Environment takes back seat to energy dependency

Published 7:59 pm Saturday, August 26, 2017

Cars and air-conditioners — summer culture for the country — have long consumed an ever growing portion of our income.  Prices at the pump still rise by the week, and the high price of cooling is this season’s corollary to the high cost of heating just a few weeks away. So, no season brings relief.

About 20 years ago, California had “rolling black-outs” — efforts to conserve energy by staggering its use so one neighborhood would have it while another one did not.

But that’s no solution, and we can only shudder at the prospect of energy doled out to the country sections — or regions — at a time.

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The political argument surrounding this issue is whether national policy should emphasize more energy production or conservation.

But the truth is that few of us are willing to sacrifice our cars, computers, and air conditioners to the realization that everybody else has them too, and runs them at the same time.

And we’re not even talking cars yet.

Today, 93 million acres throughout all 50 states are protected by the National Wildlife Refuge System, and Alaska contains the majority of wilderness within the Refuge System, more than 18 million acres.

Pools of oil are now thought to lie beneath this expanse that might hold billions of barrels, worth billions of dollars.

So should we go and get it?

This is an issue where black voter instinct may put them opposite the point-of-view of their traditional liberal supporters. Al Gore, Ralph Nader, and former president Jimmy Carter are all fervent environmentalists. So the political choices of blacks nationwide for the past four decades at least are firmly allied with environmentalists.

But when an everyday necessity is priced beyond peoples’ ability to pay for it (as gas prices are routinely now $2 a gallon), concern for the environment may take a back seat to just keeping the damn thing running.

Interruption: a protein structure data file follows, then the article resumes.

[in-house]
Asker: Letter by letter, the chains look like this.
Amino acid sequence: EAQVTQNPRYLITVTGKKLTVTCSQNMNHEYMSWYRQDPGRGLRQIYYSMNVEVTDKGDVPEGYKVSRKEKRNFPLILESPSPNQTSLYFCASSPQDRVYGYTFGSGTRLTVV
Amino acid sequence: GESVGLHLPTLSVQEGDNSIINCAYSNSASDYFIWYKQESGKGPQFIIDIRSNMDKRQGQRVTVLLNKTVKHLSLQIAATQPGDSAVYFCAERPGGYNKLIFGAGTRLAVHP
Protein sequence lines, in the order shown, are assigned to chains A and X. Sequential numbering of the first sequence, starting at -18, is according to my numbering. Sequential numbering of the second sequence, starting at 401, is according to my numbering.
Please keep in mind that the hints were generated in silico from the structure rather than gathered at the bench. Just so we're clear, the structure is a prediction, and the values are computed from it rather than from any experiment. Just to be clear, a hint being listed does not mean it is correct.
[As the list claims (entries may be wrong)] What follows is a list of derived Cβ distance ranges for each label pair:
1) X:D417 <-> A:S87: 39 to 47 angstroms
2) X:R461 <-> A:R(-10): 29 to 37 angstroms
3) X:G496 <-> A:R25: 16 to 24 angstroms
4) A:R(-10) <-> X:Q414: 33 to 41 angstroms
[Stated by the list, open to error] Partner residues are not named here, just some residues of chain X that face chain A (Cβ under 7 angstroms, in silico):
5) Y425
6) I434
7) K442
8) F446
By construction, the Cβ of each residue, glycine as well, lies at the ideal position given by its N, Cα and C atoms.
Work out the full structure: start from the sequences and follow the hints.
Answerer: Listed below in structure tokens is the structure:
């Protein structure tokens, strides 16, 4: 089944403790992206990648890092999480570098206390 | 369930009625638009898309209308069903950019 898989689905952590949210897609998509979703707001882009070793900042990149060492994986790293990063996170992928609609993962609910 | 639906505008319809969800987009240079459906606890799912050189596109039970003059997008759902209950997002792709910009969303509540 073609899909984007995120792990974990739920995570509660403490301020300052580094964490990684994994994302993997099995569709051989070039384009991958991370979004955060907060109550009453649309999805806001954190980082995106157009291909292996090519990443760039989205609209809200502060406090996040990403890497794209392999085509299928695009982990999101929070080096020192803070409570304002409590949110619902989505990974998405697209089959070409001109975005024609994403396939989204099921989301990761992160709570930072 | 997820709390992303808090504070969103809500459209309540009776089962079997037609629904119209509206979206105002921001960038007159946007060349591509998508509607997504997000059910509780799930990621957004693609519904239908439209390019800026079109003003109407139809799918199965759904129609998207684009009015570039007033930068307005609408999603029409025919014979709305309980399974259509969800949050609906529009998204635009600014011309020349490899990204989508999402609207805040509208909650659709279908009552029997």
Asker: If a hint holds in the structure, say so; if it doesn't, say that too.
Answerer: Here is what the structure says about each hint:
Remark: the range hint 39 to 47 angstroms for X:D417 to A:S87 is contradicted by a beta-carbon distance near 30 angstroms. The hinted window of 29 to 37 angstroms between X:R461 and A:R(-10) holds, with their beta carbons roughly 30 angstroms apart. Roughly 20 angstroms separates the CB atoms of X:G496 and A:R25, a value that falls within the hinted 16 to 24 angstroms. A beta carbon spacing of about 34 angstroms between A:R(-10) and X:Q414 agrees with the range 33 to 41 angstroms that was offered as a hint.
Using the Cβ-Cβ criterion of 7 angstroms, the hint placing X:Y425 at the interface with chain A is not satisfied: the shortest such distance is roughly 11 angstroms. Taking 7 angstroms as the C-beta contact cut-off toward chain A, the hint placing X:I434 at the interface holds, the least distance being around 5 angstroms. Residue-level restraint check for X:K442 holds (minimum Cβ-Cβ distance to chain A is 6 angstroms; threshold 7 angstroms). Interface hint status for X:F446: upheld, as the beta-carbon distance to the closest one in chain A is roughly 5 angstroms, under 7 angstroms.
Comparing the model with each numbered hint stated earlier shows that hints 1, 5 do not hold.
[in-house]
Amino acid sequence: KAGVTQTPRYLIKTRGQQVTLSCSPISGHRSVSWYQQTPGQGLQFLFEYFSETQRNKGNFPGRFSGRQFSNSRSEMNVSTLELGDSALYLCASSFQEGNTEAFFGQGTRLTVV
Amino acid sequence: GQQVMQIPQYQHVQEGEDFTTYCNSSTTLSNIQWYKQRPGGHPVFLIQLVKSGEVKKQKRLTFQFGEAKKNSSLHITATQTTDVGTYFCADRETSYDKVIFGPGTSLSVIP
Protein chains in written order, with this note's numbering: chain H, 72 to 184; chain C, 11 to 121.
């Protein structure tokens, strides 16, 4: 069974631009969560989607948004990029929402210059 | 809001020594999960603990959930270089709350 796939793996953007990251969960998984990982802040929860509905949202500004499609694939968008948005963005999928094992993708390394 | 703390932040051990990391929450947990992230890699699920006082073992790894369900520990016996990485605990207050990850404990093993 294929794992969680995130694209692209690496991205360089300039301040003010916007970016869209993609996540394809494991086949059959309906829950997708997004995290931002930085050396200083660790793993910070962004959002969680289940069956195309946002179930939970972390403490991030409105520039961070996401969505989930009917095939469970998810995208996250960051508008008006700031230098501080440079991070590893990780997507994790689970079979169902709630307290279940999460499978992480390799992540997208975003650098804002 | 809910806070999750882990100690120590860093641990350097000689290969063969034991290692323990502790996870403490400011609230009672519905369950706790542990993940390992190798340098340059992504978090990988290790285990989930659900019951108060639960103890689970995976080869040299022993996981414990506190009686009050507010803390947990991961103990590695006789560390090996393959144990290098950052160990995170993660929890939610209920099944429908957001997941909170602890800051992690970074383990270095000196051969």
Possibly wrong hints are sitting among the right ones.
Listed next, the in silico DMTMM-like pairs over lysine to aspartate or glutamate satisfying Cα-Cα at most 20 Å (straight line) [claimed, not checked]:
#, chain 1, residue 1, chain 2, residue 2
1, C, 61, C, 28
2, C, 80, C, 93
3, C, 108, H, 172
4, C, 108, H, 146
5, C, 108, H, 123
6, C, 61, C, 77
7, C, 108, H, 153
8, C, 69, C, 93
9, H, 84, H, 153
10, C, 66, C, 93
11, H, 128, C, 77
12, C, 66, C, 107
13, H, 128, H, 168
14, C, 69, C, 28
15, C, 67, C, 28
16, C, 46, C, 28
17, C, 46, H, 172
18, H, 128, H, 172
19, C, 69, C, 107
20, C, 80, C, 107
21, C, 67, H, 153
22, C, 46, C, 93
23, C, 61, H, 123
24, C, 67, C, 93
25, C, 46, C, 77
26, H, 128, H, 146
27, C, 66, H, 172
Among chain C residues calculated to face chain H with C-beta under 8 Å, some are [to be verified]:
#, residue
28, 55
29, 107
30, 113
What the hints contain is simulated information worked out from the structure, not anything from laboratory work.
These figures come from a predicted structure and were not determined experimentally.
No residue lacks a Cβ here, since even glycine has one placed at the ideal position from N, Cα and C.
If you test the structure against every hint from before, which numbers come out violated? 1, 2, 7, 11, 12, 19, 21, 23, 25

Why not go and get that oil?

Restraint does not come easy to Americans, and even the realization that the purpose of pristine places “is not to produce benefits for our consumption” may not be enough to deter the primacy we have given to technology, mobility and convenience.

Demand is caused by growth.

But those are market terms. And those of us who descend from ancestors sold on the auction block have never had to wonder if the market, left to itself, can do no wrong (Cornel West).

But the point is this.  The longest and greatest economic expansion in the nation’s history is the creation of a technology that’s energy-driven and energy-dependent.

If we want the growth and the jobs that come with it — the wealth, the convenience, and access — then we have to discover new energy sources and the means to deliver it. But at what price?

Consider that just last week “American Duchess” came here.

It was a boon for the economy.  The restaurants, hotels, gas stations prospered. My friend’s cabs!

Then I saw the River.

“I am haunted by rivers.”


Yolande Robbins is a community correspondent for The Vicksburg Post. You may reach her at yolanderobbins@fastmail.com.